13 Jun 2011
"You know what I think? she says.
What do you think?
She points through the hole into the dark throat of the diseased landscape.
I think you're more dangerous than what's out there.
Well, girl, he says, that's a funny thing you just uttered.
Because I was just thinkin the same thing about you."
Older than her years and completely alone, Temple is trying to live one day at a time in a post-apocalyptic world, where the undead roam endlessly, and the remnants of mankind seem, at times, to retain little humanity themselves.
This is the world she was born into. Temple has known nothing else. Her journey takes her to far-flung places, to people struggling to maintain some semblance of civilization - and to those who have created a new world order.
When she comes across the helpless Maury, she attempts to set one thing right. If she can just get him back to his family in Texas then maybe it will bring redemption for some of the terrible things she's done in her past. Because Temple has had to fight to survive, has done things she's not proud of and, along the road, she's made enemies...
The Reapers are the Angels is not so much a book about a Zombie Apocalypse as it is about the living humans left alive afterwards. 25 years ago the world went straight to hell and so for 15 year old Temple - this is the only world she's ever known. Taught not to read and write but to shoot and survive. Carrying with her the memory of her almost-brother Malcolm, Temple encounters groups travelling the country, cities of people attempting to rebuild a civilization and some very strange mutations. Oh. And lets not forget the Zombies. Countless 'slugs' of which Temple has no problems dealing with.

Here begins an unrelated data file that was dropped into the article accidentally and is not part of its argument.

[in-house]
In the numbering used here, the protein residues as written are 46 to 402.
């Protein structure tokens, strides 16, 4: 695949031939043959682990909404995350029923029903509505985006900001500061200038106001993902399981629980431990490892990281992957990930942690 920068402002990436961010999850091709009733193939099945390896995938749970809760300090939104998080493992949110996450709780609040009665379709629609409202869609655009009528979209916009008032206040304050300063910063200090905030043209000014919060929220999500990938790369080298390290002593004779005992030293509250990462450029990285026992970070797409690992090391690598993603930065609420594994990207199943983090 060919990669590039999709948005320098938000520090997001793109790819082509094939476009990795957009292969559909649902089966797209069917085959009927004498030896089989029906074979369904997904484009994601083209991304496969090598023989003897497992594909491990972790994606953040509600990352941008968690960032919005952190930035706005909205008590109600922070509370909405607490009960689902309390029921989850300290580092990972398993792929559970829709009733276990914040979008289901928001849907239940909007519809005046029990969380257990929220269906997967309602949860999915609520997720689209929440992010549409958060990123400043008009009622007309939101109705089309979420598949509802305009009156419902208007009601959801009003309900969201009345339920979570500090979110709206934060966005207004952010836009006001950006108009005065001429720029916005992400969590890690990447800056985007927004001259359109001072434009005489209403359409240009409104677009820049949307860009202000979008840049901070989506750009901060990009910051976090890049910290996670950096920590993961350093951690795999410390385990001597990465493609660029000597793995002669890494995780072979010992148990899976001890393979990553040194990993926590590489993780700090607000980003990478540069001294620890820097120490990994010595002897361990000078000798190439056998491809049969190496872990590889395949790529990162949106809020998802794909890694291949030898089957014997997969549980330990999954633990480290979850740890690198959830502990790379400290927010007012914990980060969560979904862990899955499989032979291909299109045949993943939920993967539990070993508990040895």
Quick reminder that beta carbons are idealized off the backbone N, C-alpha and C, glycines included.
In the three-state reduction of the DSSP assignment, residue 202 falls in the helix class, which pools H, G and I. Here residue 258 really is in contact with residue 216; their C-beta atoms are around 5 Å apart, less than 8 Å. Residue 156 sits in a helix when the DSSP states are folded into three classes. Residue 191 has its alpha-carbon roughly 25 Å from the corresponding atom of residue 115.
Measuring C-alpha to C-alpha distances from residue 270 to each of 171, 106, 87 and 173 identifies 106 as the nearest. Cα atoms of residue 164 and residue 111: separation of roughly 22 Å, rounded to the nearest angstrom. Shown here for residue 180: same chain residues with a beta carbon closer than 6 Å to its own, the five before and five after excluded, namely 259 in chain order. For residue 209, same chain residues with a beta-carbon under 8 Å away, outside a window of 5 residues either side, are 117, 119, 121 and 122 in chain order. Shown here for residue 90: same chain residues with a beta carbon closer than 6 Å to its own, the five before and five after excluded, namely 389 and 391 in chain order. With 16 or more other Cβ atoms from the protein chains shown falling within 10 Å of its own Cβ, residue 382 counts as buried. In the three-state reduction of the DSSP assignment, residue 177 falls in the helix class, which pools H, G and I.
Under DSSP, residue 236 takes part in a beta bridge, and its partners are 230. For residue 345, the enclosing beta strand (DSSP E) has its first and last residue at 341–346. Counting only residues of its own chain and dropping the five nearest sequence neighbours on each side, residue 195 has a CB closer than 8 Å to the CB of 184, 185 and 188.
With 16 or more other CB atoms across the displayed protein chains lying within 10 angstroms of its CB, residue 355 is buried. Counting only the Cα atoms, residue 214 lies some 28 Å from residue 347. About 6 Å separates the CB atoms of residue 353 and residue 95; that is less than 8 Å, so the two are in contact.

The narrative is almost beautiful in its' violence and gruesomeness. The strength of this book is seen so acutely through the clarity of the landscapes and each of the characters; which makes it so unbelievably easy to inhabit the world and it's subsequent dangers. The characters Temple meets are each special in themselves - the silent Maury, the easy-going Lee, the sickening Abraham. But it is her sadistic dance with Moses that has to be my favourite. The depth of understanding they have for each-other is none that I have seen before.
Talk of God and Religion is apparent throughout - as you might have guessed simple from the title - but it fits in well with this broken and wasted husk of a world. Also the lack of speech marks takes a bit of getting used to, a-la-McCarthy's The Road, but like The Road I think it fits in well. If I had a rating system on this site I would give it five stars! *laughs*
Published: September 2010 by Macmillan